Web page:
Market Trends and Suitability


Suitability for Tenants and Landlords:


Choosing between an Absolute Net Lease and a Triple Net Lease often depends on the tenant’s business type, financial stability, and preference for control over the property. Larger, more stable companies may prefer Absolute Net Leases for their simplicity and predictability, while smaller businesses might opt for Triple Net Leases to avoid the burden of structural repairs.

Market Trends:


In recent years, the preference for different types of leases can also reflect broader economic conditions. For example, in a stable economic environment, tenants may be more willing to commit to Absolute Net Leases.

Conversely, during economic uncertainty, tenants might favor Triple Net Leases to mitigate unforeseen financial risks.


Both Absolute Net Leases and Triple Net Leases offer unique advantages and come with specific responsibilities. Understanding these distinctions is crucial for tenants to negotiate terms that align with their long-term business strategies and for landlords to manage their investment risks effectively. Ultimately, the choice between these leases can significantly impact the financial health and operational flexibility of the businesses involved.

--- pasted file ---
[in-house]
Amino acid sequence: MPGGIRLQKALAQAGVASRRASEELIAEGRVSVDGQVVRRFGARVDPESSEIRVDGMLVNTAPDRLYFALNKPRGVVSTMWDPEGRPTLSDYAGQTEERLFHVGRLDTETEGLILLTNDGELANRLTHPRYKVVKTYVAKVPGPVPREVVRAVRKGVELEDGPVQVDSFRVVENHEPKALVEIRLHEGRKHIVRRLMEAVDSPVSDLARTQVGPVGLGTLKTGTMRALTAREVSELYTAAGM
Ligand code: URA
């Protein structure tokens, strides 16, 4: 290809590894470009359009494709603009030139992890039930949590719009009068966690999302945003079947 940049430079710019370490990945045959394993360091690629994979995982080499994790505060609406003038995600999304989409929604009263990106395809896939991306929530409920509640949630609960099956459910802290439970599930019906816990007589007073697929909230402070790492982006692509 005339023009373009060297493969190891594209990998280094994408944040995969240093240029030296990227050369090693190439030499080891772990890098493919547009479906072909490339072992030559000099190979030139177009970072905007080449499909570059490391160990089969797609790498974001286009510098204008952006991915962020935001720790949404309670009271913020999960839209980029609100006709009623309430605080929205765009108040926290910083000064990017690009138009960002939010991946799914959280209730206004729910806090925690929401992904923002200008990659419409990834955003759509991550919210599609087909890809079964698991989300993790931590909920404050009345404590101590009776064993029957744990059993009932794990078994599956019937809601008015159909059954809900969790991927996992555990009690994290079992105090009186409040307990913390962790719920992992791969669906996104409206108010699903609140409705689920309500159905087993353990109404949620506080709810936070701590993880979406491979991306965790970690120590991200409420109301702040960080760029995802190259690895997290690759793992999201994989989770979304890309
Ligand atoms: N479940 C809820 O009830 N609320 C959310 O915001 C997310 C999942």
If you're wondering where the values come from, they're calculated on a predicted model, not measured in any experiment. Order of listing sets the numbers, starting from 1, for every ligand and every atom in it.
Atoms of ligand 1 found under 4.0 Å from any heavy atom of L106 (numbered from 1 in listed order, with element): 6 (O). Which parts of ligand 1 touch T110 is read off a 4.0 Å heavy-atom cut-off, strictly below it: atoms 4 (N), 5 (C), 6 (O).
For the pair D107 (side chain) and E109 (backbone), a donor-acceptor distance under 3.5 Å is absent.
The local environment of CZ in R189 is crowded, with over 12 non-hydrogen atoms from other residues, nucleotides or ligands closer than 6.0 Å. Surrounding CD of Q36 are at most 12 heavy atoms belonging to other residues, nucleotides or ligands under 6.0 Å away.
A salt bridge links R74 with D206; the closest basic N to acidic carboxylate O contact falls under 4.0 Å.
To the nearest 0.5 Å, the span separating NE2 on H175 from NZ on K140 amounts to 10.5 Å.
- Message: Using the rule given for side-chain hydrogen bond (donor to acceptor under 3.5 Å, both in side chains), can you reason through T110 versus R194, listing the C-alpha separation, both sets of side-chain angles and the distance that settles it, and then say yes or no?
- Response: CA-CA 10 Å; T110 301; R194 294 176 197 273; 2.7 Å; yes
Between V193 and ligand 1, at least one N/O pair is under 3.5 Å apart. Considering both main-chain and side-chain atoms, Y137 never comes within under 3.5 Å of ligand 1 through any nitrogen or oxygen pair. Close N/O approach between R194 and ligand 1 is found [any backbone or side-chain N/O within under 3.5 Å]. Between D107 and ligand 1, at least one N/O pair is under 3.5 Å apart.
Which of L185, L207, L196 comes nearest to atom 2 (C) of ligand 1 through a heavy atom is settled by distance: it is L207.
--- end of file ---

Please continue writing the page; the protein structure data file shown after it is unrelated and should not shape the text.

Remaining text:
Legal Considerations and Contractual Nuances


When drafting or entering into an Absolute Net Lease or a Triple Net Lease, it’s crucial to pay close attention to the language of the lease agreement. The precise terms can significantly impact the obligations of both the tenant and the landlord.

Absolute Net Lease Legalities:


In an Absolute Net Lease, the lease agreement must explicitly state that the tenant is responsible for all types of costs related to the property, including those typically unforeseeable or rare. Legal experts often advise tenants in such leases to conduct thorough due diligence and possibly secure insurance policies that cover all conceivable scenarios, including total property loss.

Triple Net Lease Considerations:


For Triple Net Leases, the specific responsibilities of each party should be clearly outlined, especially around issues such as roof, structure, and parking lot repairs, which are common areas of dispute. Tenants and landlords need to negotiate who handles these major expenditures and under what circumstances. These details should be meticulously documented to avoid future conflicts.

Impact on Investment Strategy


For Investors: